Valencia's bat coming alive after DL stint

A's third baseman hits 5 homers after missing 2 weeks with hamstring injury

Valencia's bat coming alive after DL stint

ST. PETERSBURG -- In a performance that resembled a rousing round of batting practice, Danny Valencia repeatedly destroyed baseballs inside Tropicana Field when it mattered Sunday afternoon, counting off three home runs, including a game-winning shot.

Valencia's go-ahead, two-run homer in the ninth inning of Oakland's thrilling 7-6 victory over the Rays capped a five-homer series in which the A's third baseman totaled seven RBIs, making for a nice ending to an otherwise dismal road trip for the A's, who finished it 3-6.

All this, after he missed 17 of the club's previous 20 games with a left hamstring injury he reinjured in Boston on Monday, before returning to the lineup Friday for the start of a monstrous series played out in front of several friends and family members, including his Miami-based parents.

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"It's just nice to be here in front of friends and family and perform well," Valencia said. "Obviously coming off an injury, you want to just get back in the flow of things, and luckily enough, I was really able to find my timing here, and hopefully I can build off this going forward."

The infielder, who is riding a 10-game hitting streak in which he's 15-for-37 (.405), is the 28th player in club history to enjoy a three-homer game, but just the third to compile five home runs in a three- or four-game series, joining Mark McGwire, who accomplished the feat three times, and Gus Zernial.

Valencia uses bat, glove in win

Speaking of the way he felt at the plate during the series, Valencia responded, "Some type of way. Some good type of way."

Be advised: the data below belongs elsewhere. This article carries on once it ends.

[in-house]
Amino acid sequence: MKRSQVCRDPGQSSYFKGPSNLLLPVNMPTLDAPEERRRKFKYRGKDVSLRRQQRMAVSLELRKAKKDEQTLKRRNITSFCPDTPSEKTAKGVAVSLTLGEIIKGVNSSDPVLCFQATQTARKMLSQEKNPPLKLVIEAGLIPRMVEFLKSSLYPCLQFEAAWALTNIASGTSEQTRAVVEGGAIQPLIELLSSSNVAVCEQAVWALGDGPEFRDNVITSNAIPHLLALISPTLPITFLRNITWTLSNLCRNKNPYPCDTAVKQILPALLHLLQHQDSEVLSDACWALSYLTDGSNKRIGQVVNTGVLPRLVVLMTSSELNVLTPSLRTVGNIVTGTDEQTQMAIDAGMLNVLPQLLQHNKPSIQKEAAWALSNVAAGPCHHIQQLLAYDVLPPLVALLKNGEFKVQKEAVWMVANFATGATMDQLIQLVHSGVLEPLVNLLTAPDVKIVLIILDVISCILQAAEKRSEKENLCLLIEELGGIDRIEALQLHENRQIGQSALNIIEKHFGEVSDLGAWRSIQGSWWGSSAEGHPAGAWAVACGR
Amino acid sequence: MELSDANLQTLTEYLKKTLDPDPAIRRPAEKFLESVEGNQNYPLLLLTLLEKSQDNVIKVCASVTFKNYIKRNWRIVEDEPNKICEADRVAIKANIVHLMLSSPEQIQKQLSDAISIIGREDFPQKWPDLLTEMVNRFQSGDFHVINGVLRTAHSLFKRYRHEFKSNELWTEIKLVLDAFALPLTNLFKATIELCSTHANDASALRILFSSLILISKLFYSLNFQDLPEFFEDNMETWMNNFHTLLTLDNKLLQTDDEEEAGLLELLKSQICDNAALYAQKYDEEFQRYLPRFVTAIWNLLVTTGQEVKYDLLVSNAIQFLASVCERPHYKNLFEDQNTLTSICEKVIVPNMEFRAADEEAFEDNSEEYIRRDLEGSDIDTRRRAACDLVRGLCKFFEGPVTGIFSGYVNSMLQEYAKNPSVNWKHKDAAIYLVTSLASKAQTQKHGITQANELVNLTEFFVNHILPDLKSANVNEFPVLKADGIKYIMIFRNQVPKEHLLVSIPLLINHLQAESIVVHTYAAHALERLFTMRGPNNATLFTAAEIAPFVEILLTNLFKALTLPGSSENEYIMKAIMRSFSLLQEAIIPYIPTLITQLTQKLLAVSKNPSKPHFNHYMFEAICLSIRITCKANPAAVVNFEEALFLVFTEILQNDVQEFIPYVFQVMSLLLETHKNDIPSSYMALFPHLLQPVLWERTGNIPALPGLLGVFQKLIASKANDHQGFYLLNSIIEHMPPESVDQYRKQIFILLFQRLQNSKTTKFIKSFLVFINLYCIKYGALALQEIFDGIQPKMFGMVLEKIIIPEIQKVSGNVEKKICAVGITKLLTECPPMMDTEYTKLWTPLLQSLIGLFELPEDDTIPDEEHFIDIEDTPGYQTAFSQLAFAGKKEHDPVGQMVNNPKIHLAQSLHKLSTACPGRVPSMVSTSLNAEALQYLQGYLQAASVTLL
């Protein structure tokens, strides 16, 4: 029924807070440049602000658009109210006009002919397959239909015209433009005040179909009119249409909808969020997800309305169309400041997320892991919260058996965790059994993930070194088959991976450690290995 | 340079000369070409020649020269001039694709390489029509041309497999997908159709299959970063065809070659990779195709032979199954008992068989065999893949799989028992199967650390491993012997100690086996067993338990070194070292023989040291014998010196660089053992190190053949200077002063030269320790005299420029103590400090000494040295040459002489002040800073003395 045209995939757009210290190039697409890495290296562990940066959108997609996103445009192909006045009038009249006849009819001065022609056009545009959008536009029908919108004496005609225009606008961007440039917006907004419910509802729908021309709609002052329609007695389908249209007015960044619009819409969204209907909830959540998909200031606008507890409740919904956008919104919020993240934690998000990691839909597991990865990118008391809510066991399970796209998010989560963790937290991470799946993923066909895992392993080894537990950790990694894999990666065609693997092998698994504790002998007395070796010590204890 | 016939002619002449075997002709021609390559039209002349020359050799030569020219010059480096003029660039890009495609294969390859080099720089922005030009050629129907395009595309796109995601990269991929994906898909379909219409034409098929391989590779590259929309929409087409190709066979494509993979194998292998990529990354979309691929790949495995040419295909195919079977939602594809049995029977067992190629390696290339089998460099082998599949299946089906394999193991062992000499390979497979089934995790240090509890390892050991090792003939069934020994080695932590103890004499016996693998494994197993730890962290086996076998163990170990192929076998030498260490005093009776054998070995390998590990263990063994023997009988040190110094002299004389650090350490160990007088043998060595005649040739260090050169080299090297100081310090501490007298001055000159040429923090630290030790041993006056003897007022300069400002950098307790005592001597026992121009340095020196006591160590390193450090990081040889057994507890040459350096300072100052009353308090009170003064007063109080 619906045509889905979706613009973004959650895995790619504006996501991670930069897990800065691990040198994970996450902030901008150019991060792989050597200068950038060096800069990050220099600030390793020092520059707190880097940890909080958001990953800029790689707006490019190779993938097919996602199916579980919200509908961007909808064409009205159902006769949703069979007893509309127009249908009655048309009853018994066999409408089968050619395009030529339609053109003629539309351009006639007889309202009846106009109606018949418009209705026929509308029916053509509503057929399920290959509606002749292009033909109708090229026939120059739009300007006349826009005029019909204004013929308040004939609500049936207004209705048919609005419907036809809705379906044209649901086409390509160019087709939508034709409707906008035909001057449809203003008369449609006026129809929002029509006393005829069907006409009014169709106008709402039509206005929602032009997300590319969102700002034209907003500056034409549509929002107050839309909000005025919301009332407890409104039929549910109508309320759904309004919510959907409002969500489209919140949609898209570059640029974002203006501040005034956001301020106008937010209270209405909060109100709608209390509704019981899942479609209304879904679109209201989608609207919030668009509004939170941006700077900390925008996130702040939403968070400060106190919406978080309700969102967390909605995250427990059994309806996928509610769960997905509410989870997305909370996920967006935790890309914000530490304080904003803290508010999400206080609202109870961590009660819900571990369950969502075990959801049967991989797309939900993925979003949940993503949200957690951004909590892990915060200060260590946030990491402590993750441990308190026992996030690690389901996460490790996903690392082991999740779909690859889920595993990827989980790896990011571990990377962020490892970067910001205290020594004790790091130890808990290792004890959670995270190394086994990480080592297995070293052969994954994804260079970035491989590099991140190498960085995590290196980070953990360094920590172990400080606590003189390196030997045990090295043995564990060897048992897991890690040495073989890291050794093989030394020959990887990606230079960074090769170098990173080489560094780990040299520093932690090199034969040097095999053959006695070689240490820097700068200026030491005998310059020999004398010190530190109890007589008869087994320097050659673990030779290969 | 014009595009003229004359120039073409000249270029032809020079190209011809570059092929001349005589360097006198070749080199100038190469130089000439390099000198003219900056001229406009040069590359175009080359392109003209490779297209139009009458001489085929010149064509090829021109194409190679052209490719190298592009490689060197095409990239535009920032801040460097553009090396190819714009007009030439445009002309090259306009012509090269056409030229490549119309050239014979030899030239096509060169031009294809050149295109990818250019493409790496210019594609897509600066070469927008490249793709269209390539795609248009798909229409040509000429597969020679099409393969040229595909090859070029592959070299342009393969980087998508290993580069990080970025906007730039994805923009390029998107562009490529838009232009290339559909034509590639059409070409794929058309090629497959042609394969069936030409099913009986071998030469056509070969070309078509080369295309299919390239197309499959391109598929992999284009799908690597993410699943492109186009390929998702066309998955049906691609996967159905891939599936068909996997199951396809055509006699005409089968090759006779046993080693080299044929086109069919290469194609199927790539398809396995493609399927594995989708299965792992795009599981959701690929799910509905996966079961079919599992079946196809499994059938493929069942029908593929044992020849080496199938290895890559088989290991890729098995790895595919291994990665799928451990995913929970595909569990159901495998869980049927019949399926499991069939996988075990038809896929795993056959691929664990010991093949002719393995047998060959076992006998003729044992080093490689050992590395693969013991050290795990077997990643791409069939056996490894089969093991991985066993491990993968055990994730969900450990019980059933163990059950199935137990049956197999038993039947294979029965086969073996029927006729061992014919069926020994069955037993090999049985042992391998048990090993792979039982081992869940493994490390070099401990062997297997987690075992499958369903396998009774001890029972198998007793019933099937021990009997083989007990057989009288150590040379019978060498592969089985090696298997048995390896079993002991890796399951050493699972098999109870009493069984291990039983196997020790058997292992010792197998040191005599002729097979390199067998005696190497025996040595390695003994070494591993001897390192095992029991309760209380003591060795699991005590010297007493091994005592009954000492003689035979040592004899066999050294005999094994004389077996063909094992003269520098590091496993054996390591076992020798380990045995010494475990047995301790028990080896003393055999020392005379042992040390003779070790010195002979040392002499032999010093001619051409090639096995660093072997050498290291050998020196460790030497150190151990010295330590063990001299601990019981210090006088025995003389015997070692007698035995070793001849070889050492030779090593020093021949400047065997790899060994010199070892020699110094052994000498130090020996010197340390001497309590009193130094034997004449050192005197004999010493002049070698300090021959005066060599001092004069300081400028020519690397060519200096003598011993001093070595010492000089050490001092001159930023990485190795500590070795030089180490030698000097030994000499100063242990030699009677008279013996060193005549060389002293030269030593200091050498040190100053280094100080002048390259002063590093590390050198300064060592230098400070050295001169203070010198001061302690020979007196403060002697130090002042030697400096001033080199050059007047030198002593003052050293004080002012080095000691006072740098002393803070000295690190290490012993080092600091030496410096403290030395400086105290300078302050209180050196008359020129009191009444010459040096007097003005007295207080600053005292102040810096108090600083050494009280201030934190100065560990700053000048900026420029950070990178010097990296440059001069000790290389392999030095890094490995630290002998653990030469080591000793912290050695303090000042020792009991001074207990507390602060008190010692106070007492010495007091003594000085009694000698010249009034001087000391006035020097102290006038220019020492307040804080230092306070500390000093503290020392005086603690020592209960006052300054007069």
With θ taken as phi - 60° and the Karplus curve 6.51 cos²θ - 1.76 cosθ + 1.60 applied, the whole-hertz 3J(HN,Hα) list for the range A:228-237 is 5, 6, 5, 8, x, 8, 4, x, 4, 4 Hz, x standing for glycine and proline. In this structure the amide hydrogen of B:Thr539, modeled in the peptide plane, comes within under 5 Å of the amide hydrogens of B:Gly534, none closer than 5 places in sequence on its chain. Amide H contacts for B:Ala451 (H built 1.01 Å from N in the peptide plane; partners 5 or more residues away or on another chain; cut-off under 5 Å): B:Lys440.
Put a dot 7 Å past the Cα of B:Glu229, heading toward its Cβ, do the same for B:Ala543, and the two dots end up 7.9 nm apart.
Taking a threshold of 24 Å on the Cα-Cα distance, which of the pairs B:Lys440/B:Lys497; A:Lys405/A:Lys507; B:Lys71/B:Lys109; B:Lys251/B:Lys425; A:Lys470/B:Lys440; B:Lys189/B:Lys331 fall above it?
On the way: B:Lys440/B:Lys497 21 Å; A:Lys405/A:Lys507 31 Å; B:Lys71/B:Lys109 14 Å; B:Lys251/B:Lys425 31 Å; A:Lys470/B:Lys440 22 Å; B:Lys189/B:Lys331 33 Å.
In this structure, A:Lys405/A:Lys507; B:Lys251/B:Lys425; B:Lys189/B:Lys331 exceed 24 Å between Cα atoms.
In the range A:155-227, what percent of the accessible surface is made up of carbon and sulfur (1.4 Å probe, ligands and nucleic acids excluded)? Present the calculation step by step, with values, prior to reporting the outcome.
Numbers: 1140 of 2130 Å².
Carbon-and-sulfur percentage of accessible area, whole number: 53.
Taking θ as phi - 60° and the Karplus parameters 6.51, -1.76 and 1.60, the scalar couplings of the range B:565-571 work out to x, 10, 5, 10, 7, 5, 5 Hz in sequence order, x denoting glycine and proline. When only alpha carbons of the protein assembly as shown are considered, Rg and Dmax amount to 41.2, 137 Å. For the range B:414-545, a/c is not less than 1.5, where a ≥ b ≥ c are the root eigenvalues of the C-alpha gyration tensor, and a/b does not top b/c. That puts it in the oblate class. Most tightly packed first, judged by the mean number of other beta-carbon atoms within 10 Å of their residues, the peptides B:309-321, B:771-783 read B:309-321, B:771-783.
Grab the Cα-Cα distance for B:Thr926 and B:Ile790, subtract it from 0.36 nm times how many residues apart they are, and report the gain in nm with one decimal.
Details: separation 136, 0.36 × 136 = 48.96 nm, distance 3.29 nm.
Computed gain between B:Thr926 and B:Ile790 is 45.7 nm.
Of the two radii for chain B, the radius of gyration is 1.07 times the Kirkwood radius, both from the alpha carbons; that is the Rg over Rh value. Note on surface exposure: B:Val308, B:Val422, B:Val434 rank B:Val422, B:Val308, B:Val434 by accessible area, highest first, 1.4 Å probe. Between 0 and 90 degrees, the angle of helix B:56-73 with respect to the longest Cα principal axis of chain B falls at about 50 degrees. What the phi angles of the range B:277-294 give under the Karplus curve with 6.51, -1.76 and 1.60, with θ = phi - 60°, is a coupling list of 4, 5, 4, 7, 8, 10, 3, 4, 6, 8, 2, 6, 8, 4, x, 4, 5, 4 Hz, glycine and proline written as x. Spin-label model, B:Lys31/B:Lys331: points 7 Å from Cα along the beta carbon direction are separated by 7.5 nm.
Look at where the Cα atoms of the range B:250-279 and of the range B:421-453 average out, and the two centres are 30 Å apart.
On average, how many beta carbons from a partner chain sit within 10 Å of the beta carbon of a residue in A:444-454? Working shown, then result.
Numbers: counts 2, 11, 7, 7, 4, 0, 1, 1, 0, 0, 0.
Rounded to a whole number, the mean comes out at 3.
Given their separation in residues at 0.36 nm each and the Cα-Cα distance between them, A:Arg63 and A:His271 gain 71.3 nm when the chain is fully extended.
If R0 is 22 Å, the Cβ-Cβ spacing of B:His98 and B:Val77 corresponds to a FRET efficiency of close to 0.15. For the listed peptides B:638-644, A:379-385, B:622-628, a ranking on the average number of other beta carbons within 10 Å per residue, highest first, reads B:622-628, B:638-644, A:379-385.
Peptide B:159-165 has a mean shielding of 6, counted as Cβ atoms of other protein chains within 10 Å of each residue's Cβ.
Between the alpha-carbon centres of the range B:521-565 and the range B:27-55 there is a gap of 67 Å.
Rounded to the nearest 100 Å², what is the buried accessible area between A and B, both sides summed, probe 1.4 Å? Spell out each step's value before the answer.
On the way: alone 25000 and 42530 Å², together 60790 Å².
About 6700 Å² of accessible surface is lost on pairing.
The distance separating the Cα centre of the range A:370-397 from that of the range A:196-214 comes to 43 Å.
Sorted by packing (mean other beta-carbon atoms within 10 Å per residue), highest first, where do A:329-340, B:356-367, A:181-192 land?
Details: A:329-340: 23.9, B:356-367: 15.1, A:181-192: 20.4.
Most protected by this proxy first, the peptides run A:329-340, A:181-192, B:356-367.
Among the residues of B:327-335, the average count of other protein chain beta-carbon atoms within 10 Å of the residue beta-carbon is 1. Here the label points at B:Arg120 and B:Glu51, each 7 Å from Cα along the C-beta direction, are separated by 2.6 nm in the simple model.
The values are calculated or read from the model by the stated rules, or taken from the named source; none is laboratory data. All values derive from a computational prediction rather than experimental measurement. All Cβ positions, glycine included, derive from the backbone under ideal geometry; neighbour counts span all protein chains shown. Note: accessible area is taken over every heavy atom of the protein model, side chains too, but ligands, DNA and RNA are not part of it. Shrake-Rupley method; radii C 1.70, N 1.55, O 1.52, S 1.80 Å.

"Quite a day. Really, quite a series," A's manager Bob Melvin said. "Comes off the DL and makes an impact in both games we win, certainly a huge impact today. Nice to have him back."

When Valencia stepped to the plate in the ninth inning against reliever Steve Geltz, following a two-out double from Billy Burns off Xavier Cedeno, "the feeling in our dugout was, 'he's gonna hit another one,'" catcher Stephen Vogt said. "It wasn't, 'I hope he hits another one,' it was, 'he's hitting another one right now.'

"He's the kind of guy that brings that to the table. I know he's been itching to get back, and obviously with the setback he had in Boston, we were kinda scared, and fortunately he came back with a bang. He's our middle-of-the-order guy."

"We needed someone to pick us up, and he's the guy that did," starter Sonny Gray said. "It was really good for us."

Valencia's five home runs in the series traveled a combined 2,098 feet, per Statcast™, for an average of 419.6 feet per homer.

Before Friday, he didn't even have one on his 2016 record.

"Obviously we've been struggling a little bit," Valencia said. "This road trip probably didn't go like we planned, but to win a series here, it's always been a tough place to play, and get on the plane back, it'll be a happy flight. Hopefully we can build off this and have a good homestand."

Jane Lee has covered the A's for MLB.com since 2010. This story was not subject to the approval of Major League Baseball or its clubs.